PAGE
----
Main pal do pal ka shayar hun, pal do pal meri kahani hai — Mahendra Singh Dhoni used this iconic Mukesh song to bid adieu to his stellar international cricket career on 15 August 2020. “Dramatic”, “unceremonious”, “unconventional” — Dhoni’s announcement had taken the cricket world by surprise when he asked people to “consider him retired”, once and for all.
But Mahi is back. And his story is not going to be ‘pal do pal ki’ because he will be seen donning the blue again, this time as a mentor for the Indian cricket team for the upcoming ICC T20 World Cup in the United Arab Emirates, as announced by the Board of Control for Cricket in India (BCCI) secretary Jay Shah.
The news is big indeed, and the reactions have been magnanimous too. Fans cannot keep their calm to see Mahi back in the dugout, and cricket experts have also welcomed the move.
BCCI President Sourav Ganguly said that the inclusion of MS Dhoni to the side was a way to use his experience for the T20 World Cup. According to a report in The Indian Express, Jay Shah felt Dhoni was the only person who could help the team during the T20 World Cup.
Big ask for Dhoni
Whether only Dhoni’s presence is going to make a significant difference for India to bring the ICC T20 World Cup for the second time is a big ask. Because let’s face it — Dhoni was very much a part of the squad when India played two major ICC events under Virat Kohli’s captaincy. But the results were not the best. India lost to Pakistan in the 2017 Champions Trophy Final and New Zealand in the 2019 World Cup semifinal.
The loss to Pakistan was by a huge margin of 180 runs and the memories of this match are never going to fade away given the hyperbole associated with any India-Pakistan match. This was a big blow to the Indian cricket team.
Dhoni stepped down as skipper of the limited-overs team in January 2017, handing over the reins to Virat Kohli, clarifying that he wanted the incoming skipper to have enough time to prepare for the 2019 World Cup. But India lost the World Cup semifinals to New Zealand by 18 runs which also was Dhoni’s last international match. It’s safe to say that Dhoni’s presence couldn’t help in those two big ICC tournaments. But has anything changed since?
A supporting role
To win a match, what matters is the kind of real-time decision-making that happens on the pitch and how the players deal with the pressure. It is the sole jurisdiction of the captain to make such decisions. Coaches, mentors and other support personnel can only be there in the dugout.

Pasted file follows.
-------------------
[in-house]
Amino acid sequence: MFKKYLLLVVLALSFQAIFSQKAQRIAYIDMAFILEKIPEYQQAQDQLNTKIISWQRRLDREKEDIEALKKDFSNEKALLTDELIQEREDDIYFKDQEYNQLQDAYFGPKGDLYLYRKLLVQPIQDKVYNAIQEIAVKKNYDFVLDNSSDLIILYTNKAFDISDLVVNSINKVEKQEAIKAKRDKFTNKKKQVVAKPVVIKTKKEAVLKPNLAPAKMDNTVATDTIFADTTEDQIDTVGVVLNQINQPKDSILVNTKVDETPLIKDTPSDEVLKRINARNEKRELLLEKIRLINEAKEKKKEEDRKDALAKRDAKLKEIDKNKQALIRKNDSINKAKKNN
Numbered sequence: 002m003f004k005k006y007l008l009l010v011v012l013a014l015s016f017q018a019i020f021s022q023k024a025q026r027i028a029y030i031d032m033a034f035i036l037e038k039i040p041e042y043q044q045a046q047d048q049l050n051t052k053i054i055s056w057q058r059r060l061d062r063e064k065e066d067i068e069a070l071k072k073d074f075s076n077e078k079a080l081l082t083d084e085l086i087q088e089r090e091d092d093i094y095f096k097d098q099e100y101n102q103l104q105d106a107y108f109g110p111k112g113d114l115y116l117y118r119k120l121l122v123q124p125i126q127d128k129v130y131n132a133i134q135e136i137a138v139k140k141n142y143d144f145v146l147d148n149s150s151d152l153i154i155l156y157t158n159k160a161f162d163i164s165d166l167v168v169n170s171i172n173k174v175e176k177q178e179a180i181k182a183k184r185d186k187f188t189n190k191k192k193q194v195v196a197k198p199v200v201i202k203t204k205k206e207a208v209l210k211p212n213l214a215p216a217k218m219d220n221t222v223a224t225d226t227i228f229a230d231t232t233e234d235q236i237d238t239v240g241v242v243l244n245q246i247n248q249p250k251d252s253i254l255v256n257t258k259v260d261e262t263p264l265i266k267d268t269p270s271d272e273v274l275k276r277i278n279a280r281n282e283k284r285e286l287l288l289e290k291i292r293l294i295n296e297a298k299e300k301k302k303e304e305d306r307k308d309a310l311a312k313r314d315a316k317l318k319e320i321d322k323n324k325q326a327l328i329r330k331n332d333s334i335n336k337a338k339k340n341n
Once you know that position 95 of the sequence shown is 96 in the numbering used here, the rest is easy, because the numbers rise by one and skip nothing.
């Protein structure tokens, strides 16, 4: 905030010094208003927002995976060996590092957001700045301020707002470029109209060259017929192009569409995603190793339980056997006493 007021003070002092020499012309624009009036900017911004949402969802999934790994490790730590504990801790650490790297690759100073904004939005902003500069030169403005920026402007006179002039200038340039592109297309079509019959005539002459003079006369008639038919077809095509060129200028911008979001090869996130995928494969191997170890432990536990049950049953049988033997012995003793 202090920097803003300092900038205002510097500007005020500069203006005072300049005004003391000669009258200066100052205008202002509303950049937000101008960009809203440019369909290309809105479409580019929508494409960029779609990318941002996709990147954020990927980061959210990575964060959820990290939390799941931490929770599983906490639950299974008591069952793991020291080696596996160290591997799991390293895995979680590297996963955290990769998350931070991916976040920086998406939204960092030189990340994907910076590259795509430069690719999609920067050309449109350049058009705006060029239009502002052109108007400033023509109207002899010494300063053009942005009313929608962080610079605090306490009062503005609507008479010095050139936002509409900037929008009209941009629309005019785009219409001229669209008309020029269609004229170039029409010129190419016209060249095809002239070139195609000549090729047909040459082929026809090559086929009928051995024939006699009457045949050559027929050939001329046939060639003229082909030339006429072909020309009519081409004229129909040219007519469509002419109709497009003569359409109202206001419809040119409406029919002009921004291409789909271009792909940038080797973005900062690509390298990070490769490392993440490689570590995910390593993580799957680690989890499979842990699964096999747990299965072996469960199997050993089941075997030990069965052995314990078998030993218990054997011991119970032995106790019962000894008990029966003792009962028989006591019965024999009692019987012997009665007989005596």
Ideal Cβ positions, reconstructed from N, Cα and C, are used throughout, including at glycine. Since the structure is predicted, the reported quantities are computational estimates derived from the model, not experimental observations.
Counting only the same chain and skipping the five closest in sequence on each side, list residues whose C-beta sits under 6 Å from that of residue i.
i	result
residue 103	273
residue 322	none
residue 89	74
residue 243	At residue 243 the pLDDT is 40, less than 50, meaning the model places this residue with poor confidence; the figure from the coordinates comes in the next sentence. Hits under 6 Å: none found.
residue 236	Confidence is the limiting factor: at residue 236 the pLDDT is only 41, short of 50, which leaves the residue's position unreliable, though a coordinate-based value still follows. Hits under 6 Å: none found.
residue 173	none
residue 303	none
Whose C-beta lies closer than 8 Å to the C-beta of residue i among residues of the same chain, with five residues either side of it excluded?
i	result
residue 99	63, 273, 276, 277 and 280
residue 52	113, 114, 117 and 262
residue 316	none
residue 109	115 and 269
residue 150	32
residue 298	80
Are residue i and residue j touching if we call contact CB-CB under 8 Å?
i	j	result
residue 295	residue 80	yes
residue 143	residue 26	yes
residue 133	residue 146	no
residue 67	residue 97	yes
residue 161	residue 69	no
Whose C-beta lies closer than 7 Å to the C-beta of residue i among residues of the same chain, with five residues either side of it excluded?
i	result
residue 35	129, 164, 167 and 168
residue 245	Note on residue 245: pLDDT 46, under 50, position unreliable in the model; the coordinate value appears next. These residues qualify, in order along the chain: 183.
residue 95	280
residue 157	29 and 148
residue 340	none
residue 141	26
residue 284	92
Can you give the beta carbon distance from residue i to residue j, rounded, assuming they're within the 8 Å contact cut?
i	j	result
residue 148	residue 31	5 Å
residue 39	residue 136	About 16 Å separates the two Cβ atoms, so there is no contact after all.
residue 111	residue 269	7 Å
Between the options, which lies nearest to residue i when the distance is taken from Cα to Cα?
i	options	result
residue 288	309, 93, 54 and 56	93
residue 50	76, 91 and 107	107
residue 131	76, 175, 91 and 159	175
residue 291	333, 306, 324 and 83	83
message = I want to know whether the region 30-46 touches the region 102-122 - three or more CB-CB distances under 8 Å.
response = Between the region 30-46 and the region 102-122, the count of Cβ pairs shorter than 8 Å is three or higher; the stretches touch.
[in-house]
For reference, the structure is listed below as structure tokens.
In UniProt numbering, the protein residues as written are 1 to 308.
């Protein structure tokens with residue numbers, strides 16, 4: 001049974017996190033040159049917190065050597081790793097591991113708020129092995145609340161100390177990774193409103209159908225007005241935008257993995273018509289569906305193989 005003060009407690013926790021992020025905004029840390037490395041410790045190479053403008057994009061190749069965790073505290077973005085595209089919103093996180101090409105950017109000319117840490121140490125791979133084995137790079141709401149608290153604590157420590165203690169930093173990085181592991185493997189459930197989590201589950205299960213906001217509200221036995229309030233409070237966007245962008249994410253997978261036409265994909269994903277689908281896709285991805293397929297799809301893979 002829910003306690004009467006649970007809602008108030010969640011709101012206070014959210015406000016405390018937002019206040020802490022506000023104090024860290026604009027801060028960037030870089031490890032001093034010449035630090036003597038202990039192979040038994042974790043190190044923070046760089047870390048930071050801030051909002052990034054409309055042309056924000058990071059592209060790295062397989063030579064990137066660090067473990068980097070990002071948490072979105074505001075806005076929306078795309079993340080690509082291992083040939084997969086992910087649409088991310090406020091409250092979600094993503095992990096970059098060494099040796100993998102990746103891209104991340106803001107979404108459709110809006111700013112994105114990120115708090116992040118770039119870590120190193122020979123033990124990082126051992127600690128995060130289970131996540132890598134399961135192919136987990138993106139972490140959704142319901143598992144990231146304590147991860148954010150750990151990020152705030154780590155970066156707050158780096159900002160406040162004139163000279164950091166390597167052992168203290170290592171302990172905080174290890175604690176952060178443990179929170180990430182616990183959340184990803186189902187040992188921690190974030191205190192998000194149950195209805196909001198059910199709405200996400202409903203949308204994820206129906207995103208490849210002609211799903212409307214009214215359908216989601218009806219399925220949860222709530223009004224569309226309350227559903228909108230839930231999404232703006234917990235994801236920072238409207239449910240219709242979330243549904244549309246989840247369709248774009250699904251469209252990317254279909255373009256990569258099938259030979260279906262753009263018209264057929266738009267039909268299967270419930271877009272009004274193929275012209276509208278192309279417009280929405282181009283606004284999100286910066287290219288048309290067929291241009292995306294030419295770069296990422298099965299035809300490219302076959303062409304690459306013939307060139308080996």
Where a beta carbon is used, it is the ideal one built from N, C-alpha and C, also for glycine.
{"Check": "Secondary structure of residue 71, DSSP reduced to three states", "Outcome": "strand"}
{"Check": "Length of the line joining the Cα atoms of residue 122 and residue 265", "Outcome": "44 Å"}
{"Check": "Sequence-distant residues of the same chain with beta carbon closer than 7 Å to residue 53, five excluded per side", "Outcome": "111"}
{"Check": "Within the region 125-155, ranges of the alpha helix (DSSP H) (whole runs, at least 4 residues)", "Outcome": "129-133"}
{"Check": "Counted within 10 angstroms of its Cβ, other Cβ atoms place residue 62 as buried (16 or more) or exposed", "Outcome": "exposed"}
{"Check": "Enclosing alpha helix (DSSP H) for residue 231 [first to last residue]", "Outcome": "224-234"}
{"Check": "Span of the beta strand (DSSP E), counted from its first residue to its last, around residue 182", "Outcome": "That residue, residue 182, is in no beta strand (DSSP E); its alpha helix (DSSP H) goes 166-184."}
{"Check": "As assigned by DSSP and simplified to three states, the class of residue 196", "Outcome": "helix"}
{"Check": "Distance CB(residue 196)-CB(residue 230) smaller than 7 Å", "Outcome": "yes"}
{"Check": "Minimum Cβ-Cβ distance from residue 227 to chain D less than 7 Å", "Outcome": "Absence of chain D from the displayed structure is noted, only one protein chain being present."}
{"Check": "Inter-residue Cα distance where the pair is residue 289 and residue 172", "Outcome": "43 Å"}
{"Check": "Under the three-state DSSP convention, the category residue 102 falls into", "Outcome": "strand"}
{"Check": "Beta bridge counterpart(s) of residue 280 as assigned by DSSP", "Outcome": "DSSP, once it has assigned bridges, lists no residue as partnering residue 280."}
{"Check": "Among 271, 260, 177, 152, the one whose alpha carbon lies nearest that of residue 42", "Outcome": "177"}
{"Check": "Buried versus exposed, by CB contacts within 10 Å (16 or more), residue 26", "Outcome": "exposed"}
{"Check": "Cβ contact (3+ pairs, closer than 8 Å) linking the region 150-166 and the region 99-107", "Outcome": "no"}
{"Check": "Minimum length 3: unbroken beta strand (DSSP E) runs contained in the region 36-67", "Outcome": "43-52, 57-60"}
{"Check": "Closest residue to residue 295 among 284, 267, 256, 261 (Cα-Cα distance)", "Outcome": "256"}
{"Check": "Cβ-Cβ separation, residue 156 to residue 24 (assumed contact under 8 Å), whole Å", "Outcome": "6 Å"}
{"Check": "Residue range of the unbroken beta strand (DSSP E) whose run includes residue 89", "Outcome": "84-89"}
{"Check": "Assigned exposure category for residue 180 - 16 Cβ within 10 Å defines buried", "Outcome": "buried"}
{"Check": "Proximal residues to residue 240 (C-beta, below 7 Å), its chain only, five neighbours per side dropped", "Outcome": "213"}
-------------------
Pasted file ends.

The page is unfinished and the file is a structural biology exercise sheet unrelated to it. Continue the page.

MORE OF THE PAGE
Winning or losing a tournament cannot just be a matter of having a mentor or coach with a decorated career. It is not the first time that former players with stellar records have been assigned to guide the cricket team. The current coach Ravi Shastri, former coach Anil Kumble, and present BCCI chief Sourav Ganguly are all former players with glorious careers.
During Anil Kumble’s term, India became the number one Test team and won 12, losing just one Test during his 17-match run as India’s coach. He stepped down in 2017, when India lost the Champions Trophy to Pakistan. Virat Kohli went on to become full-time captain that year and under his captaincy, India’s test cricket record has only improved, making him one of the most successful Indian test captains.
Also, it is worthy to note that Sandeep Patil was the coach of the Kenyan cricket team at the 2003 World Cup. While Sandeep Patil was a great cricketer, his career and accolades were undisputedly lesser than Dhoni. Yet under Patil’s coaching, the Kenyan cricket team reached the Semifinals of ICC World Cup 2003, lost it to India, but won the hearts of every cricket buff.
At the same time, when somebody as great as Greg Chappell became the coach of the Indian cricket team, what we saw was only a series of losses. To add to the list of examples, let us also consider John Buchanan who never even played an international match, yet was instrumental in Australia’s invincible streak.
Due credit to the players
So to pin all our hopes on mentorship to win big in any cricketing format without due consideration to the combination of team effort and captaincy is probably taking it too far.
When a match is lost or won, it will be unfair to attribute the result of the team to the “legends” who are assigned as mentors and coaches. If the liabilities are usually fastened to the team and the captain, it’s only fair that due credit and appreciation must also go to them.
Bringing in Dhoni’s mentorship may help the squad deal with pressure, which is where they have been lacking, as seen in the knockout matches, but whether it will help India bring the T20 World Cup home is a big question.
Views are personal.
(Edited by Srinjoy Dey)
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